Sucked in


The irony was uncanny. As I shouldered my boat to the river’s edge, muscled the tight neoprene seal over my lap and took those first few, unsteady strokes of the season, I was hit by an uncharacteristic wave of sadness. My first day of boating for the season also happened to coincide with another, less auspicious milestone. The day I chose to return to the Animas River was the same day the Animas-La Plata Project opened its floodgates and went full bore.

Sure, I had 12 long years from the first time I set posterior to plastic to prepare for this day, but somehow it still seemed surreal. See, when I first moved to Durango late in the summer of ’96, I was fresh off a priority-shifting trip down the Grand and well-versed in the works of Abbey, Reisner and McPhee. At the time, one more massive Western water project seemed all but impossible. And I was not alone in my thinking. I was joined in denial not only by fellow boaters but environmentalists and outdoors lovers as well. The opposition had mounted an impressive attack, arguing that surely there had to be a better way to satisfy Indian water rights than to pump river water straight up hill only to redeposit it back a couple hundred yards downstream. Bumper stickers declaring “187 ALP” popped up on beat-up pickup trucks throughout Durango as the ragtag river set rallied, as best it could between surf sessions, to oppose the project.

Of course, I’d be lying if I didn’t admit to playing to my own special interests here. In the decision to move to and stay in Durango, the Animas River played a key role. A new transplant to Durango and the river scene, there was something about that roiling brown torrent that simultaneously scared the shit out of me and kept me coming back for more. From the moment I bought my first boat (a radically short 9-footer), I set about learning to roll and paddle like it was my job, all in an effort to master the sport. However, I soon found out, as most do, that it is the river that masters you. I took my lumps, along with bruises, bloodied shins, lungfuls of water, tweaked shoulders and even an occasional black eye. I took the abuse not because I was a glutton for punishment, but because I was a glutton for payback. See, for a few blissful – and sometimes terror-filled – weeks every spring, I could do what most people never have the chance to do. I could set myself afloat on a free-flowing, wild river.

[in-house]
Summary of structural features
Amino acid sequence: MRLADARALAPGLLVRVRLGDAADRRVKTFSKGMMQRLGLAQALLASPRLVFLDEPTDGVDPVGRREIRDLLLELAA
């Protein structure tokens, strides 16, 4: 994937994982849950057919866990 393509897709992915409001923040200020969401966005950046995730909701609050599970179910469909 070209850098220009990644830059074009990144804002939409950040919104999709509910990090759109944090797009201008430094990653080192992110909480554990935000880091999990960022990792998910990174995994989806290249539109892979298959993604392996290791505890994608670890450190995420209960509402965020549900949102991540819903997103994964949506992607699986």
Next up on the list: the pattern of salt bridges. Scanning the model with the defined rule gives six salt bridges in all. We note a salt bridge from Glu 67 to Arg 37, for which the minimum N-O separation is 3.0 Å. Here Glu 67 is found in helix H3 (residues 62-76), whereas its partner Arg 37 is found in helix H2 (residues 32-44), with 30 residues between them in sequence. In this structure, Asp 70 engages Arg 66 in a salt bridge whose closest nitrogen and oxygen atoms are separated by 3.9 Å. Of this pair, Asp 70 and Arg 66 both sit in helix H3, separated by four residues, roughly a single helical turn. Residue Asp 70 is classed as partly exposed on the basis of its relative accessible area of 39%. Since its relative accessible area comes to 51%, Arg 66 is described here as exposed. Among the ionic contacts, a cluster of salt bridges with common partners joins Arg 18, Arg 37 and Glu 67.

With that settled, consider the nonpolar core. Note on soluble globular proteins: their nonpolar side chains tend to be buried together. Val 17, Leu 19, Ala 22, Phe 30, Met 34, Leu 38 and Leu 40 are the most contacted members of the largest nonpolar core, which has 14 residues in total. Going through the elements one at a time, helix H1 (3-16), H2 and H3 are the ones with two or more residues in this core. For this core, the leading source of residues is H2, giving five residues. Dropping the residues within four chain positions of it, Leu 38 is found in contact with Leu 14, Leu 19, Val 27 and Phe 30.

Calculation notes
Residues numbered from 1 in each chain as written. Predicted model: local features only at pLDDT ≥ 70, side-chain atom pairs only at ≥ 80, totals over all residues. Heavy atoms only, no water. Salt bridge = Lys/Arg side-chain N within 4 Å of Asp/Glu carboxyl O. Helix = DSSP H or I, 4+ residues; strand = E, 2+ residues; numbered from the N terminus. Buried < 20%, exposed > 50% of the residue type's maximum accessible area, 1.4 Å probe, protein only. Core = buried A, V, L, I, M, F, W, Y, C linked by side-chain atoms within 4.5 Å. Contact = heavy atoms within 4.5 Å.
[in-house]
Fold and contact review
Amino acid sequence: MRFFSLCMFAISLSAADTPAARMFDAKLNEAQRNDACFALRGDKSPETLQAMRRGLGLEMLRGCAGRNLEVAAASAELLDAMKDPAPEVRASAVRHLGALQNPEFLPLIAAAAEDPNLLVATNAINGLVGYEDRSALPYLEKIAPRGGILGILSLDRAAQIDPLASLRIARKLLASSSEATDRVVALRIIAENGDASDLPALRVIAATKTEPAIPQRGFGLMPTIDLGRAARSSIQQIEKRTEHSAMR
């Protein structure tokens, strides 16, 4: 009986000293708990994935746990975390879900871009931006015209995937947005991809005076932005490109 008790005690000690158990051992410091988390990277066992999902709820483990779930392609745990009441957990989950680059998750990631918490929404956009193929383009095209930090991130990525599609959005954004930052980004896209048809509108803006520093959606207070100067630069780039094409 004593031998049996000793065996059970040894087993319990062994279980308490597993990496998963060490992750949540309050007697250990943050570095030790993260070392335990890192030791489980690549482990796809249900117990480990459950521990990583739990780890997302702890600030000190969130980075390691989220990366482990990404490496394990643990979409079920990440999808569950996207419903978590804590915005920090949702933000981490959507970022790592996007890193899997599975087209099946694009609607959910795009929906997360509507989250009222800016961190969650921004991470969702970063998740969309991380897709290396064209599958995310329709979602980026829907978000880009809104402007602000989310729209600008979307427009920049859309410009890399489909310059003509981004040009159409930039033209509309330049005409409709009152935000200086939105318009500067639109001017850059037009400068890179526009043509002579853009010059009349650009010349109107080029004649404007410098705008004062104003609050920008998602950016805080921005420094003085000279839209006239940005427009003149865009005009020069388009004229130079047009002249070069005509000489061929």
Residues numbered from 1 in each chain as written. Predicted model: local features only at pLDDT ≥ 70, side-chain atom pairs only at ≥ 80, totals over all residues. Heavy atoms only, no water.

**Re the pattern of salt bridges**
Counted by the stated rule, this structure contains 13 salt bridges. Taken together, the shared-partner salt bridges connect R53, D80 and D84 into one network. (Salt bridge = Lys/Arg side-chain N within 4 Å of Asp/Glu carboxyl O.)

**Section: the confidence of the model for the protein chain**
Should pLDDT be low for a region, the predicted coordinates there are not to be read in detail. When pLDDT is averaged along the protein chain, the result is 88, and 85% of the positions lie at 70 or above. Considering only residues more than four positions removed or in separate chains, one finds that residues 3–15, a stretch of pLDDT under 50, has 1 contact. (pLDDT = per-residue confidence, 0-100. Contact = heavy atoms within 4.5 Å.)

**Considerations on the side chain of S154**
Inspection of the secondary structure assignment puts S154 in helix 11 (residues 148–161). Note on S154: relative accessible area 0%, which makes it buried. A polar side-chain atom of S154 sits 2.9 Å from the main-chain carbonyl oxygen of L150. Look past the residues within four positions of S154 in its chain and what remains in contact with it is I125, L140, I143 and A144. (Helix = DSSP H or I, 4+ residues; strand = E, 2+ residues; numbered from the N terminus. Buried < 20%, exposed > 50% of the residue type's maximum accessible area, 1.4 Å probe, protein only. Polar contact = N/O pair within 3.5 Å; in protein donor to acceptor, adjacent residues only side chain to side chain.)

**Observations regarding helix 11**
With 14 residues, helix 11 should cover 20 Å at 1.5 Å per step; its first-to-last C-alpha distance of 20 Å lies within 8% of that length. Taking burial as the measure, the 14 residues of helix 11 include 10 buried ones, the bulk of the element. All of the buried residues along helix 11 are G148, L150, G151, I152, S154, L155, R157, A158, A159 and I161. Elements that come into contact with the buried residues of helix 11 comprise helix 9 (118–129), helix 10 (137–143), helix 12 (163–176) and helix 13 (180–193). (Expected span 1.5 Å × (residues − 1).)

As I mentioned, perhaps it was a little selfish to think this way, but A-LP threatened to wreck all that, literally sucking the joy out of that small window of life. And so, I grew to resent the project, sure that some renegade monkey wrencher would ride up on his gilded bulldozer to save the day.

Needless to say, the knight in shining camo failed to materialize. And despite the valiant effort of a couple of small, endangered fish, A-LP plodded onward. Granted, during that long, slow, march to reality, A-LP lost some weight, and the new-and-improved version became more palatable to many of its detractors. Some even did a complete 180, admitting that the thought of a nearby motorboat mecca suited their maturing and more expensive water sports tastes just fine.

Nevertheless, to this day I harbor a tenuous truce with A-LP. And as I neared the colossal compound of steel, concrete and power lines that had sprouted from the earth, the old feelings of disdain and scorn arose anew. I half-expected to hear a deafening slurping noise, like a giant straw scraping the bottom of an empty glass, as I passed its pearly grates. Would A-LP finally suck me through its metal mouth like the fat kid in the Willy Wonka chocolate pipe, only to spit me out in the Lake Nighthorse recovery pool?

Alas, I merely floated by, the river quietly lapping against its new, artificial tributary. And I must say, the silent passage was strangely befitting of the new silence that had befallen public opinion on the project, which a mere decade ago was so clamorous.

Maybe it was because somewhere deep within those rising waters in that hidden basin, a centuries-old, empty promise was finally being fulfilled. And while I cannot dispute the wrongs of yesteryear, I can’t help but feel that two wrongs still don’t make a right.

– Missy Votel